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The Distraction Addiction: Getting the Information You Need and the Communication You Want, Without Enraging Your Family, Annoying Your Colleagues, and Destroying Your Soul Hardcover – August 20, 2013
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Setting aside the question of whether people enslaved by their mobile devices and the Internet would devote any time to reading this rangy self-help book by futurist Pang, those who do might discover that his approach to contemplative computing has merit. Taking a page from Buddhist thought, Pang presents eight principles (or steps) to help those hopelessly distracted by technology’s siren call convert their switch-tasking to productive multitasking, adopt tools to protect their concentration, be more mindful in their involvement with social media, and recharge their minds and souls through restorative practices, including observing a DIY Digital Sabbath. Pang bolsters his advice with anecdotes of intellectual breakthroughs by great thinkers of the past, coupled with interviews with present-day scientists and tech-savvy professionals. These accounts, including the surprising use of social media by Buddhist monks and a lengthy analysis of Darwin’s method of reflection through walking, are the best part of Pang’s book, placing today’s current tech addiction into a broader context of human history, development, and philosophical insight. —Carolyn Saper --Carolyn Saper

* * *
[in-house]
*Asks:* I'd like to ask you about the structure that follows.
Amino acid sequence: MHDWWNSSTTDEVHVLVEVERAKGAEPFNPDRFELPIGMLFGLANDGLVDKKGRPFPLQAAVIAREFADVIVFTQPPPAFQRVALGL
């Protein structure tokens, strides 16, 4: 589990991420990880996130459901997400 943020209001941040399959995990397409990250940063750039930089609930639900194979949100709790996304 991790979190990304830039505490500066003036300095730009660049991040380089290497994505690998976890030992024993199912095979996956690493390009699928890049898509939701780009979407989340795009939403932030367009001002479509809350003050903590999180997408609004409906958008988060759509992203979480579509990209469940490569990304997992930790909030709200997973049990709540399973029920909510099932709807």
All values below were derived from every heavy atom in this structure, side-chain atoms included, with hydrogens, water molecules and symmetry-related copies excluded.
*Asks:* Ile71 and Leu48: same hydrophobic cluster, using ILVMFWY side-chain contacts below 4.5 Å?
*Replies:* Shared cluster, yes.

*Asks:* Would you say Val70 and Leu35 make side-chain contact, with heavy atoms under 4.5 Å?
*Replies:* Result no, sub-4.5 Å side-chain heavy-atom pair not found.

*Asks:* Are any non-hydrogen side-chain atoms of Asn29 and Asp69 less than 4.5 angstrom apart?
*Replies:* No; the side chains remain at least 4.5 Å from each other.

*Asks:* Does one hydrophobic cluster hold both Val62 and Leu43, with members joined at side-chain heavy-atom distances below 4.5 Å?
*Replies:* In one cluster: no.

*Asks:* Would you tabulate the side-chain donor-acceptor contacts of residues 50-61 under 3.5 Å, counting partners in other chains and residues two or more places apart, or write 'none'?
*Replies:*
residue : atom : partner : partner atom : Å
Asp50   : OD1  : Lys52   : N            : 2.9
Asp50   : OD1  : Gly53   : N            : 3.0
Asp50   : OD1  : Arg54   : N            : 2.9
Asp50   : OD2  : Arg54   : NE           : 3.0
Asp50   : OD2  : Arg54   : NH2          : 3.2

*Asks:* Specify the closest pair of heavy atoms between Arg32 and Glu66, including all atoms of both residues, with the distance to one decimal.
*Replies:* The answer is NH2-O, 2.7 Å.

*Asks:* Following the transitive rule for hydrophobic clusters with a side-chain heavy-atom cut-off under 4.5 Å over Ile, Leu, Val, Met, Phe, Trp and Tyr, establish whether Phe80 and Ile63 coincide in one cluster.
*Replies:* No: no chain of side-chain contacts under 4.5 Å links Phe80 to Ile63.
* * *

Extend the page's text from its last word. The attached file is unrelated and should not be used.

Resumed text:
"Amusing and edifying.... THE DISTRACTION ADDICTION is not framed as a self-help book...It's a thoughtful examination of the perils of our computing overdose and a historical overview of how technological advances change consciousness." -- Washington Post
"A perceptive new study of how best to cope with the relentless interruptions presented by digital life...Pang persuasively and carefully constructs a remedy he calls 'contemplative computing'... to think clearly and calmly, Pang offers original and often inspired ideas." -- San Francisco Chronicle
"Skeptical without pandering to technophobia or neuroscience.... The Distraction Addiction brims with suggestions for how to embrace 'contemplative computing,' a mindful approach to digital technology... Instead of shunning the technological in pursuit of the mythical authentic experience, Pang wants to clean up the mess it created." -- The New Yorker